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Comment: If Oracle wins, Bell Labs owns the world. (Score 5, Interesting) 146

by emil (#48103635) Attached to: Google Takes the Fight With Oracle To the Supreme Court

The full source code of the UNIX v6 kernel, as published in the Lions commentary, bore prominent copyright notices from AT&T Bell Labs.

If the system call and C library API interface is thus still owned by Bell Labs, then that covers Oracle Linux, the POSIX standard, commercial UNIX, as well as all the phones (including QNX), routers, UNIX/Linux/BSD servers/workstations, and likely much more.

Oracle had better pray that they lose.

Comment: Nobody deserves death threats. (Score 5, Insightful) 771

by emil (#48096295) Attached to: Systemd Adding Its Own Console To Linux Systems

systemd managed to replace init, inetd, and some of cron in what appears to be a stable environment. This allowed systemd to work in docker and drastically improve Linux virtualization to leapfrog Solaris zones.

What systemd did not do was provide reasonable documentation. RedHat's v7 inittab has a website for a blog post that sucks. There is no general intro for users attempting to create crontabs executed by systemd, inetd entries for common services, and runlevels that control groups of processes.

systemd fell down hard on documentation, and the first blush with the unix admin crowd has not been kind.

These developers delivered working code in a radically new environment, but without documentation the architecture appears to discriminate against people who have been doing things the same way for 30 years. The authors, and their software, appeared cliquish and discriminatory. Had the software and the documentation enabled a gradual migration into a more powerful architecture, things would have been quite different.

In any case, this is no justification for people to be vile. The old crowd needs help into the new environment. This help needs to happen, and the insults and threats need to stop. Both sides need to work together to get us where we need to be.

Comment: Linux? Secure? Towelroot? (Score 1) 385

by emil (#47930819) Attached to: Torvalds: No Opinion On Systemd

I am sure that, if you have a talk about Linux security with Samsung/HTC/LG... you will hear some unprintable commentary on Linux security.

To a great extent, it's correct. While a lot of phones have been broken wide open, the same flaw can be used by a hostile app to own your phone (to say nothing of what could be done to a vulnerable enterprise system).

Comment: systemd is objectionable because: (Score 3, Interesting) 385

by emil (#47930571) Attached to: Torvalds: No Opinion On Systemd
  • - UNIX admins have been able to ply their trade for the last 40-odd years with a stable set of userland utilities, which systemd consigns to the trash heap.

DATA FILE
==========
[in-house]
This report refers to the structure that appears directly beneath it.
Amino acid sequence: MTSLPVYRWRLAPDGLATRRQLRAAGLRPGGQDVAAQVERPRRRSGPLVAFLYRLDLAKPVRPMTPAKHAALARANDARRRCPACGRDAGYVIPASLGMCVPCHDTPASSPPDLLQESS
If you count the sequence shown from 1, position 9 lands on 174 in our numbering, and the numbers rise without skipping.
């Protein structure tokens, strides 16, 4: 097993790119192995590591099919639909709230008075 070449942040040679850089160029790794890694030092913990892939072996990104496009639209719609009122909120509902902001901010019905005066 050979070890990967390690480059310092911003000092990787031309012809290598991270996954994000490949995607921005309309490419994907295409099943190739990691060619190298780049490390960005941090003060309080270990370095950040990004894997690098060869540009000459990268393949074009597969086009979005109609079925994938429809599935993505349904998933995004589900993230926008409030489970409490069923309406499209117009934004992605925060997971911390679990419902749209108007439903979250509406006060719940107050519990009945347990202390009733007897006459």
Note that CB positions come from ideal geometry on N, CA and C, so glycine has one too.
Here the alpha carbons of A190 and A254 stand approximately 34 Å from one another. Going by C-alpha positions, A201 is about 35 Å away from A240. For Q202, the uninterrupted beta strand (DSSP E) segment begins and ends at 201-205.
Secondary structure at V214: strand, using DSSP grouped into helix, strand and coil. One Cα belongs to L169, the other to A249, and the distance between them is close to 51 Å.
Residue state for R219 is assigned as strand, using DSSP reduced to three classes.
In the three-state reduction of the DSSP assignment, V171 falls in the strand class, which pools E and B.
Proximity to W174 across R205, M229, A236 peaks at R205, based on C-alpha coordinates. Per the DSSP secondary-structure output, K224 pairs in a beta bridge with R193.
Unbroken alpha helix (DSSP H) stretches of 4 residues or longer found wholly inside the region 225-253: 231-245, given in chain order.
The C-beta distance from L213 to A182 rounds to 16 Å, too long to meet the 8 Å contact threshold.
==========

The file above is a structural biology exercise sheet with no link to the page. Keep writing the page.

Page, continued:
• - systemd has removed the old userland (init, inetd) without providing good documentation and examples for doing the old things with the new tools (seriously, the top systemd-inetd example uses ssh, which nobody does - how about ftp or pop3?).

It seems that there are lots of new capabilities with systemd, but it has come to market with lousy documentation. The purveyors are receiving a thorough flogging at the hands of the greybeards, which they richly deserve.

Comment: "What's coming out of our high schools." (Score 1) 528

by emil (#47767637) Attached to: Limiting the Teaching of the Scientific Process In Ohio

Recent comments by Alan Greenspan paint a dire picture of primary education in the United States:

"We cannot manage our very complex, highly sophisticated capital structure with what's coming out of our high schools."

"If we're not going to educate our kids, bring in other people who want to become Americans."

Under such dire circumstances and an existential threat, now is not the time for bias.

Comment: If we're poking holes in the accepted dogma... (Score 1) 109

by emil (#47684709) Attached to: Why the Universe Didn't Become a Black Hole

...then how about this one?

One mystery which has not been solved as of 2009 is the absence of red dwarfs with no metals. (In astronomy, a metal is any element heavier than hydrogen or helium.) The Big Bang model predicts the first generation of stars should have only hydrogen, helium, and trace amounts of lithium. If such stars included red dwarfs, they should still be observable today, but none have yet been identified. The preferred explanation is that without heavy elements only large and not yet observed population III stars can form, and these rapidly burn out, leaving heavy elements which then allow for the formation of red dwarfs. Alternative explanations, such as the idea that zero-metal red dwarfs are dim and could be few in number, are considered much less likely as they seem to conflict with stellar evolution models.

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